OAKLAND - Though John O'Toole is a lifelong peacenik and self-described "product of the '60s," his 25 years directing the National Center for Youth Law have been a constant fight.
Whether filing class actions against government agencies or scrambling to keep the nonprofit group alive through budget-slashing Republican administrations, O'Toole has had a great time, he said, though it has seldom been peaceful.
"I love the job, and I have no plans for leaving," he said recently in his downtown Oakland office. "I don't always get to do the fun stuff anymore, but I have my hand in all of it. I am involved in all the cases we do. ... This is why I went to law school."
The center, founded in 1970 as an offshoot of the San Francisco Legal Aid Society, takes on county, state and federal government agencies when it finds the rights of children being threatened or violated.
Among its major victories was securing additional benefits for 450,000 low-income and disabled children nationwide, in a case that went to the U.S. Supreme Court. Zebley v. Sullivan, 493 U.S. 521 (1990).
In another case, Katie A. v. Bonta, CV02-5662 (C.D. Cal. March 14, 2006), the center compelled state health officials to provide home care for mentally ill children in foster care, so that they won't end up in hospitals or jails.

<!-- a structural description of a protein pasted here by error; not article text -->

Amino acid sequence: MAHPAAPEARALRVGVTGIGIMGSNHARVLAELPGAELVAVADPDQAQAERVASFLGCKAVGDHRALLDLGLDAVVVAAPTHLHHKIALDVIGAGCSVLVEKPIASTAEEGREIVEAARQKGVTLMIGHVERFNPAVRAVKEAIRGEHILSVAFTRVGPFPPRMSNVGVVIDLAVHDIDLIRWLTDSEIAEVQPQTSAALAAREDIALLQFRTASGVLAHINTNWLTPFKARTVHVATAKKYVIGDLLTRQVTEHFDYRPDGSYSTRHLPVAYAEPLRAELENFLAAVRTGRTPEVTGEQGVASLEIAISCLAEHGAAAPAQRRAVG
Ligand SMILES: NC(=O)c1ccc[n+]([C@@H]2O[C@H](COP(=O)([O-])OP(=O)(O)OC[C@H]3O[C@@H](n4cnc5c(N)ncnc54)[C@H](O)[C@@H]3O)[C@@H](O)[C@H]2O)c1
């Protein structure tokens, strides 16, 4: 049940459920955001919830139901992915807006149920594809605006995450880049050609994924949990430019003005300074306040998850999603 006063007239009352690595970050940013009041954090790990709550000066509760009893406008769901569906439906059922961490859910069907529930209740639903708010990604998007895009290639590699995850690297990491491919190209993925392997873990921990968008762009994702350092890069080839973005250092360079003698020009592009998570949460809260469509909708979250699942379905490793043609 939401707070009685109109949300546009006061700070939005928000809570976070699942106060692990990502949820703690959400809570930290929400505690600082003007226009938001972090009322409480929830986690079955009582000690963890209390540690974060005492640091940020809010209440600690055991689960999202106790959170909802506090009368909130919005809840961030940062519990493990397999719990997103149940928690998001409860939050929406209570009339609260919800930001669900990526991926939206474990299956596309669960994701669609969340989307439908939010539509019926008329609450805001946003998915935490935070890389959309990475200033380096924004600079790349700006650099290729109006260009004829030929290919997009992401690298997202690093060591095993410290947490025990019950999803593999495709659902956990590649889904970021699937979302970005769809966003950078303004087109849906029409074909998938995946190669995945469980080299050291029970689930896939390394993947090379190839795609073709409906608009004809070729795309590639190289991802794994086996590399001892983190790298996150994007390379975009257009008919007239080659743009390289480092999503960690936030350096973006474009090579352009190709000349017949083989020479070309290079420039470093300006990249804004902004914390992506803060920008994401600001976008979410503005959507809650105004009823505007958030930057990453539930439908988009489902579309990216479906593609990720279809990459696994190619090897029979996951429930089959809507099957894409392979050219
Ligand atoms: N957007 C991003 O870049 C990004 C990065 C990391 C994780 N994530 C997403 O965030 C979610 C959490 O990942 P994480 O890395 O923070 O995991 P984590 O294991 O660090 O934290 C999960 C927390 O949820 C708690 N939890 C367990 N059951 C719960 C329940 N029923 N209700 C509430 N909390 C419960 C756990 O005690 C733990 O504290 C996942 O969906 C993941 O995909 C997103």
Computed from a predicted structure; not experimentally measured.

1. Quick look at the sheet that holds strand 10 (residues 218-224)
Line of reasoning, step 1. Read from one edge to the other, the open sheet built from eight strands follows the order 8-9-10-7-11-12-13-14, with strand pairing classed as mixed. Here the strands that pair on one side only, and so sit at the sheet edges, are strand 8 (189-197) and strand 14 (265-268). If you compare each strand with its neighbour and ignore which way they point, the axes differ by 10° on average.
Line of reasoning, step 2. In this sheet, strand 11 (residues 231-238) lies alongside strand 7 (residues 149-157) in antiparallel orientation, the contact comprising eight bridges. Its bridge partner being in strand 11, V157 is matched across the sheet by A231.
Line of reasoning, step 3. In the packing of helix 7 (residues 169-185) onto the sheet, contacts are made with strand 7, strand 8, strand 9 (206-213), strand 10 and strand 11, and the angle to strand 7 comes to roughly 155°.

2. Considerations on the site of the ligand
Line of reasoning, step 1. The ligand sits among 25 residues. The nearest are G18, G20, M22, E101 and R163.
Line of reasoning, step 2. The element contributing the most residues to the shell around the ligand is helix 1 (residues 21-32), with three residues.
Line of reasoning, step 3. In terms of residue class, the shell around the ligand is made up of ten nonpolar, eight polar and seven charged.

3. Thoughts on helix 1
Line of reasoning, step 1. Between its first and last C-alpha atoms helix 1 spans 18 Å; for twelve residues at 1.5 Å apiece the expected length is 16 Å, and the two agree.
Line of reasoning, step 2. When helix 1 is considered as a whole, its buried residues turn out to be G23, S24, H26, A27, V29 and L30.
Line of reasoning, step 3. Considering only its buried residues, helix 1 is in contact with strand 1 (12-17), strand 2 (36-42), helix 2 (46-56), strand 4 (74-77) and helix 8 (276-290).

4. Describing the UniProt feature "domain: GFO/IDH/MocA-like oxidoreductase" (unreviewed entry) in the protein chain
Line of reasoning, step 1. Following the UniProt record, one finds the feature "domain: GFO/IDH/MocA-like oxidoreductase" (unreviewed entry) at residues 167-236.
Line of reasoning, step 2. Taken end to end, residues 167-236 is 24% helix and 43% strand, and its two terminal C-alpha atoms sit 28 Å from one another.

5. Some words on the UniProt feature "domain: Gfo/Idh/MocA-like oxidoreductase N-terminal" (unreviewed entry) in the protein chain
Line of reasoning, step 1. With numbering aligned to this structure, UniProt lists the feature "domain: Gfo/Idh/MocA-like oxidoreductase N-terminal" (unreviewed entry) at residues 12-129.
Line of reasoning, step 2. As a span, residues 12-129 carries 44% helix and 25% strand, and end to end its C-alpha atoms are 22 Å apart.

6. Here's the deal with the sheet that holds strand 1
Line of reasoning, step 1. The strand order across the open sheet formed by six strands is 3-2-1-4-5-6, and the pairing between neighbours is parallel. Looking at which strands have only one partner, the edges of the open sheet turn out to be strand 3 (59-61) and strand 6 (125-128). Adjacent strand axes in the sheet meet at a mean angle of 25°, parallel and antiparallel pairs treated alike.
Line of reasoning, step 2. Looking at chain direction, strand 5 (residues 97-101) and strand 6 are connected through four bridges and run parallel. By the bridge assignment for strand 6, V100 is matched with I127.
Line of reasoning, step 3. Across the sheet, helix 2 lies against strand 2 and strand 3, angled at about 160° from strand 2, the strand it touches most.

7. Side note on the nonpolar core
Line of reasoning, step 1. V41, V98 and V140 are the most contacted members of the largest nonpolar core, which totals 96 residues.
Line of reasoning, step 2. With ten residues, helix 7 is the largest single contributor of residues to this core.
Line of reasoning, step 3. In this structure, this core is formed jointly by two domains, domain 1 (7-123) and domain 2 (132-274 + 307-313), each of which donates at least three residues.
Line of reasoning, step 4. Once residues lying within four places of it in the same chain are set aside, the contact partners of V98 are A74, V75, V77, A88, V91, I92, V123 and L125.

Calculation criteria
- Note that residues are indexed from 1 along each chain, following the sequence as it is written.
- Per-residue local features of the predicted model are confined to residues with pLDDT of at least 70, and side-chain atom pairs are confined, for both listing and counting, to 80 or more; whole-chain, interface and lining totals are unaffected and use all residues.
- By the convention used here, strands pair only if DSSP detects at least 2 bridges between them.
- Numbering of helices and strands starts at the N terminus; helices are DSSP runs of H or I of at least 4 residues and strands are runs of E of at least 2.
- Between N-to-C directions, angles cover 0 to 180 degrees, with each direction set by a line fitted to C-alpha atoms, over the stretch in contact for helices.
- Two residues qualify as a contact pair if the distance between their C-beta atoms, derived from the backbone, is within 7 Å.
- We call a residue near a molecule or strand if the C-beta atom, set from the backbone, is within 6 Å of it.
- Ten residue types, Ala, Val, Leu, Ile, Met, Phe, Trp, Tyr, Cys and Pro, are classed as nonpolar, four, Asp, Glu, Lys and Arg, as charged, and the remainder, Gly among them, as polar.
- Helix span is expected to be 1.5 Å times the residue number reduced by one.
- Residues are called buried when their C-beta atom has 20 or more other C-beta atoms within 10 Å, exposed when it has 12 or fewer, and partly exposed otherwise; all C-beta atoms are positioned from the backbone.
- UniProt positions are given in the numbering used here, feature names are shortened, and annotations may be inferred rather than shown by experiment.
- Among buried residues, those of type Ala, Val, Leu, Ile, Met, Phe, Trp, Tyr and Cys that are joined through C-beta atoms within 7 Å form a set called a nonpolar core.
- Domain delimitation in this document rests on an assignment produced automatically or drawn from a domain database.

O'Toole started as a staff attorney at the center in late 1980, and he was named director just one year later, when he was 32. Under his leadership, the center has filed a hundred lawsuits on behalf of low-income children, and it has lost only two.
"We analyze systems of care, and often they just don't work very well," he said.
Other wins that O'Toole, his 10 full-time attorneys and an ever-changing cast of volunteers can claim are major reforms to foster care systems in Utah, Maryland, Arkansas and Washington. The center is suing the state of Nevada, where 80 children have died in foster care in the past four years, O'Toole said.
"If you win a lawsuit like that, all the kids will be better off, in a way that will endure," he said. "Kids don't vote. They don't donate money. They tend to be invisible in the budget process [and need advocates]."
Though O'Toole is legendary in the public-interest world - and so popular among his staff that he has been invited to officiate at one attorney's wedding - he has long been a thorn in the side of bureaucrats at all levels of government. He has been a muckraker for as long as he can remember.
"Race, politics and the Vietnam War - those things politicized me through college," O'Toole said.
During his undergraduate years at UCLA, he helped the nonprofit Western Center on Law and Poverty file a police brutality lawsuit against the Los Angeles Police Department, serving subpoenas to individual officers on their beats.
"That was very intimidating," O'Toole said. "I'm surprised I survived the first week. Man, they were hostile."
After graduating from Boalt Hall in 1974, he went to work for a nonprofit group in Marysville, a rural Northern California town as far removed from liberal Berkeley as Earth is from Mars.
"I was this long-haired guy suing the county government and winning. I wasn't too popular up there," he said. "But it was a great place to learn how to be a lawyer."